In downtown L.A., coping with the hottest day ever
Parents picked their kids up at school. Meter maids doled out tickets. And, this being Los Angeles, people protested. A march for immigration reform in downtown Los Angeles seemed slightly hampered by the heat.
Victor Quintero, 23, sweat dripping from his curly black hair, said that if the temperature hadn’t been so high, there might have been more people than the two dozen protesters who showed up. After several blocks of marching and shouting slogans in support of the Dream Act, Quintero tipped back his head and drank thirstily from a water bottle. He started laughing.
“It’s hot water!” he said. “It’s boiling hot water.”
Quintero spent the summer in Arizona, organizing people against the state’s recent anti-immigration law and “learning how to battle the heat and search for shade.” Although Monday’s heat was tough, Quintero said, “it’s not as bad as Arizona.”
On a street corner a few hundred feet away, Jim Root looked quizzically at the activists gathered in front of the Ronald Reagan State Building.
“What are they protesting?” Root asked two friends who, like him, were attorneys with the attorney general’s office. “That’s commitment.”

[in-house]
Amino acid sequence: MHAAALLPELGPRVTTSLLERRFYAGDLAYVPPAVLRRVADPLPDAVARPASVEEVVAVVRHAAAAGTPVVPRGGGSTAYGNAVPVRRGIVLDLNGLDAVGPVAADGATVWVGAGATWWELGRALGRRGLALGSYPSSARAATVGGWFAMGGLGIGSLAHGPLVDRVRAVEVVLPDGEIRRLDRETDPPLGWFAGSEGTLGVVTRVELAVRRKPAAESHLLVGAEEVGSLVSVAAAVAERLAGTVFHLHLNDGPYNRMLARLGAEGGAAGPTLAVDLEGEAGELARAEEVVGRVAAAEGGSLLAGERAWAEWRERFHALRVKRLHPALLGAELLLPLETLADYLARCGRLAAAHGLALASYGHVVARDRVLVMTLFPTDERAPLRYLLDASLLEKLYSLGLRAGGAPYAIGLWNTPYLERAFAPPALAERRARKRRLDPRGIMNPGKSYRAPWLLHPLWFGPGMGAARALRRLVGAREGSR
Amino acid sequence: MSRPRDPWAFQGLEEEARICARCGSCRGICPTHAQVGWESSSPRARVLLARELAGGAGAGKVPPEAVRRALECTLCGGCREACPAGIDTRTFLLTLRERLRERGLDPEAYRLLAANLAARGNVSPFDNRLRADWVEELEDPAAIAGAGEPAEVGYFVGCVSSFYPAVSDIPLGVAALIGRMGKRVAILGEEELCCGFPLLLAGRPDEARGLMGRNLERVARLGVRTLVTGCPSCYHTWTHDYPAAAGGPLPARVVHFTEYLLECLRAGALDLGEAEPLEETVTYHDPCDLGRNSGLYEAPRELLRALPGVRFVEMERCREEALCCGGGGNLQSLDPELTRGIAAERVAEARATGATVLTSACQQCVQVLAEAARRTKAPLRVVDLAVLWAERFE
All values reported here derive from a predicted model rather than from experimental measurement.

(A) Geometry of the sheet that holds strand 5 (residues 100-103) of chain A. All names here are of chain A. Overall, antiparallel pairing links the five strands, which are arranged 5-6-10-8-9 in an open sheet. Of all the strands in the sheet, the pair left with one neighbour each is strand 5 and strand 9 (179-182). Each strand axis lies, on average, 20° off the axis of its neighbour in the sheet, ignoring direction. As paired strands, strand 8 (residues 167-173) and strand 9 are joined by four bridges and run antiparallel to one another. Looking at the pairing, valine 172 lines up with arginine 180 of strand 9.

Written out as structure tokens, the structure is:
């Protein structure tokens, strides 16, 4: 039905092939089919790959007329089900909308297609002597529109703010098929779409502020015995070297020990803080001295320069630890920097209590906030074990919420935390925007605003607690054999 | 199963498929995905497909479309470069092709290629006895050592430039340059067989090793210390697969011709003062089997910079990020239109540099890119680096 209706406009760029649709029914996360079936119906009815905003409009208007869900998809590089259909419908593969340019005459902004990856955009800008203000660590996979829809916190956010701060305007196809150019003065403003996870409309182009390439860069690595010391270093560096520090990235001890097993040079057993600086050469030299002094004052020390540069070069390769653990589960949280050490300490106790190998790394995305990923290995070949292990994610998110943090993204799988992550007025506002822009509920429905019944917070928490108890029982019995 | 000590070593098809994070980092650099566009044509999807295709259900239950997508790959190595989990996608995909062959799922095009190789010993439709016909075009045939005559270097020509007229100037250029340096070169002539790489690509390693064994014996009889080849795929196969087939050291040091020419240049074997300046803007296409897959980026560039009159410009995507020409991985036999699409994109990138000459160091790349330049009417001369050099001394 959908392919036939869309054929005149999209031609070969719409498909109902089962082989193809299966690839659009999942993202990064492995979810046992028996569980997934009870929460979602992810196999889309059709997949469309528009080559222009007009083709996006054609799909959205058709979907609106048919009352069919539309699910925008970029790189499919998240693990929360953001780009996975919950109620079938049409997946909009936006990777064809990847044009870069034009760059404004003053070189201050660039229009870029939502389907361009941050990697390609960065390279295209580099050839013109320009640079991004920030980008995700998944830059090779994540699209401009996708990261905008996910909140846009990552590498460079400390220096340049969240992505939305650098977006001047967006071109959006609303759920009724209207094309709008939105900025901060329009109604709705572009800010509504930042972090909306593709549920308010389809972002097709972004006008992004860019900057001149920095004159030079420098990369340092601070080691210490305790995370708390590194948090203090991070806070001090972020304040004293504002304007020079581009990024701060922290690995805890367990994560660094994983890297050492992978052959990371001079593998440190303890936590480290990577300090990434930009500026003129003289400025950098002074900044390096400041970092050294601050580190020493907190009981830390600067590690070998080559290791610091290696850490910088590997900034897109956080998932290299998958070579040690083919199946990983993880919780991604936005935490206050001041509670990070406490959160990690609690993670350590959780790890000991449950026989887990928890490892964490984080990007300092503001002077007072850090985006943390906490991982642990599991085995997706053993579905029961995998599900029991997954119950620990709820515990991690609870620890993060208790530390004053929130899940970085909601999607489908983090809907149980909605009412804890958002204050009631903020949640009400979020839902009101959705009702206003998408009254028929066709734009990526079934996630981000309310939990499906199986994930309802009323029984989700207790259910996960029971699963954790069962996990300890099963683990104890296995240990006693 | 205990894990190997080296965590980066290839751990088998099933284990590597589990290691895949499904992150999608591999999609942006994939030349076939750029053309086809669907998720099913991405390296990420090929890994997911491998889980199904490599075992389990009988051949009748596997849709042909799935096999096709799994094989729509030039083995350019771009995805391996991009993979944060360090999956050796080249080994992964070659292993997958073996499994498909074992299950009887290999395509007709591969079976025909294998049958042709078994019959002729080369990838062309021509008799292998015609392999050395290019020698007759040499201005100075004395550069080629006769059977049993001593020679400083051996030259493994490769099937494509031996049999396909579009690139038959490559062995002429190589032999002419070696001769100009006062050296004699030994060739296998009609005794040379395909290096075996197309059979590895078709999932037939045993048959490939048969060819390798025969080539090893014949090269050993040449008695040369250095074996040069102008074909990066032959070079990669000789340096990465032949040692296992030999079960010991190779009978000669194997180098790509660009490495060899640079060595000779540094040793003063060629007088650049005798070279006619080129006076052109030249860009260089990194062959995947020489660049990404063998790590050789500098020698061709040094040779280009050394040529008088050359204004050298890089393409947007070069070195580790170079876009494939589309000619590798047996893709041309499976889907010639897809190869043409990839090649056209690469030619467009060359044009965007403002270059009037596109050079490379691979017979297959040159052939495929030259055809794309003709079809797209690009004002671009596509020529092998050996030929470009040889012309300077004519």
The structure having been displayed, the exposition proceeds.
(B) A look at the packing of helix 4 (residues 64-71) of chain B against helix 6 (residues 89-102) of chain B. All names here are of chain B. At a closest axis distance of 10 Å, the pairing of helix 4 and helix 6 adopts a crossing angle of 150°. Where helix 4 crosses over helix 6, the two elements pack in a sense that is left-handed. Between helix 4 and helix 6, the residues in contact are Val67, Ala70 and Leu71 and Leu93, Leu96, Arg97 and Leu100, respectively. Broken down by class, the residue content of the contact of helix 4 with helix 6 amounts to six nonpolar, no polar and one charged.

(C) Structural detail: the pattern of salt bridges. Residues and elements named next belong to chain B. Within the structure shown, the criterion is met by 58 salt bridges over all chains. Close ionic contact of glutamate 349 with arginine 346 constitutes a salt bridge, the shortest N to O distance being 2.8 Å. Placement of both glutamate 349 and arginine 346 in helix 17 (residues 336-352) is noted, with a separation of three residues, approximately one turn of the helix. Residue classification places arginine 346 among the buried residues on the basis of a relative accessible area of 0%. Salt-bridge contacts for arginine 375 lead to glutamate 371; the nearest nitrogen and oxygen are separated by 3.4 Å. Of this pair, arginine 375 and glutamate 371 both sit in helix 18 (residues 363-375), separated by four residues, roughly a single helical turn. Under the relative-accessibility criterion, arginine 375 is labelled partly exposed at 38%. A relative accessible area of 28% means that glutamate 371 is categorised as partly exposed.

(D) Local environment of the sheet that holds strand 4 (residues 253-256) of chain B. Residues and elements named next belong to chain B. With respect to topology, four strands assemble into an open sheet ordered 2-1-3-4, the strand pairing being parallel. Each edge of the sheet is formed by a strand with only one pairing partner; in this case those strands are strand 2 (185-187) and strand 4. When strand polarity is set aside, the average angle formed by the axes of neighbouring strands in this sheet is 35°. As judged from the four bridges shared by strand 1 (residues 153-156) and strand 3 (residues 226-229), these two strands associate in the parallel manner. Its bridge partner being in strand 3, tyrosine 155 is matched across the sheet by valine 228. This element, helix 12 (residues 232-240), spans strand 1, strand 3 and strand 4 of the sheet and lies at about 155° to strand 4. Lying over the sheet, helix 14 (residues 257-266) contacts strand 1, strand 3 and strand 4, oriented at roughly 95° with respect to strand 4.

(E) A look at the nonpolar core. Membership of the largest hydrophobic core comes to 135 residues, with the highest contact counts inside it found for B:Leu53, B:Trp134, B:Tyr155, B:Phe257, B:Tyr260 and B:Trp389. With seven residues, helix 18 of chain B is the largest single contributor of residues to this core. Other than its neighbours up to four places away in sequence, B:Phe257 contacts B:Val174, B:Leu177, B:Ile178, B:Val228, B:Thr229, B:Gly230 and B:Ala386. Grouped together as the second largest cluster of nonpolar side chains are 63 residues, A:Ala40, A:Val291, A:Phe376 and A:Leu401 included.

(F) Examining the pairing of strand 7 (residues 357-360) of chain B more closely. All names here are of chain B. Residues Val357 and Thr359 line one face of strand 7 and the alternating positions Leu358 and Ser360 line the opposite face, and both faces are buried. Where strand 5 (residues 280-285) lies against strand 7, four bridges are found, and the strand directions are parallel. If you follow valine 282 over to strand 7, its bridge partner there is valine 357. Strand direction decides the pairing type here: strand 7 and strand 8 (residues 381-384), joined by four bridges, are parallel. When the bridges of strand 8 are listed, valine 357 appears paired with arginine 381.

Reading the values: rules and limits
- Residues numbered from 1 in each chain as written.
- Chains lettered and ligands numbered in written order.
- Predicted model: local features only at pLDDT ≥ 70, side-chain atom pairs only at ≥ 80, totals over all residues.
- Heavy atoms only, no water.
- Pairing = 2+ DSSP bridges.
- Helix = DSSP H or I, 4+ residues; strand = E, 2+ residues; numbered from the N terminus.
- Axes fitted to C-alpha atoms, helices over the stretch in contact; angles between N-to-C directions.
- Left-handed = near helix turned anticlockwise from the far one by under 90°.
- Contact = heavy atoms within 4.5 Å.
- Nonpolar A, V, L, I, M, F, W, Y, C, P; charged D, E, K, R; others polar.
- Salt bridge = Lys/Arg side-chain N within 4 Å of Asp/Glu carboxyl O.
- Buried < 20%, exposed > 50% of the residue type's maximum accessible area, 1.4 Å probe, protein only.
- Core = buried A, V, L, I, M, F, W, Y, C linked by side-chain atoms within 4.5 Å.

Root and his colleagues were wearing button-up dress shirts and slacks. “Our dress code policy has not yet incorporated cargo shorts,” he said.
Ed Skelly held up his tie, knotted tightly around his neck.
“It’s part of the job description,” he said.
The men, red-faced and damp with sweat, had taken precautions against the heat. Mike Whitaker was carrying a cup of water. “I don’t usually walk around with water,” he explained.
Just then a gust of hot air swept up the street. “It’s like a furnace blast!” Root said.
Then the men crossed the street and returned to the cool, air-conditioned sanctuary of their office.
-- Kate Linthicum in downtown L.A.
Photo: Jessica Ramirez, left, runs ahead of her friend Haydee Escalante, right, as they race through the music center fountain downtown. Credit: Al Seib / Los Angeles Times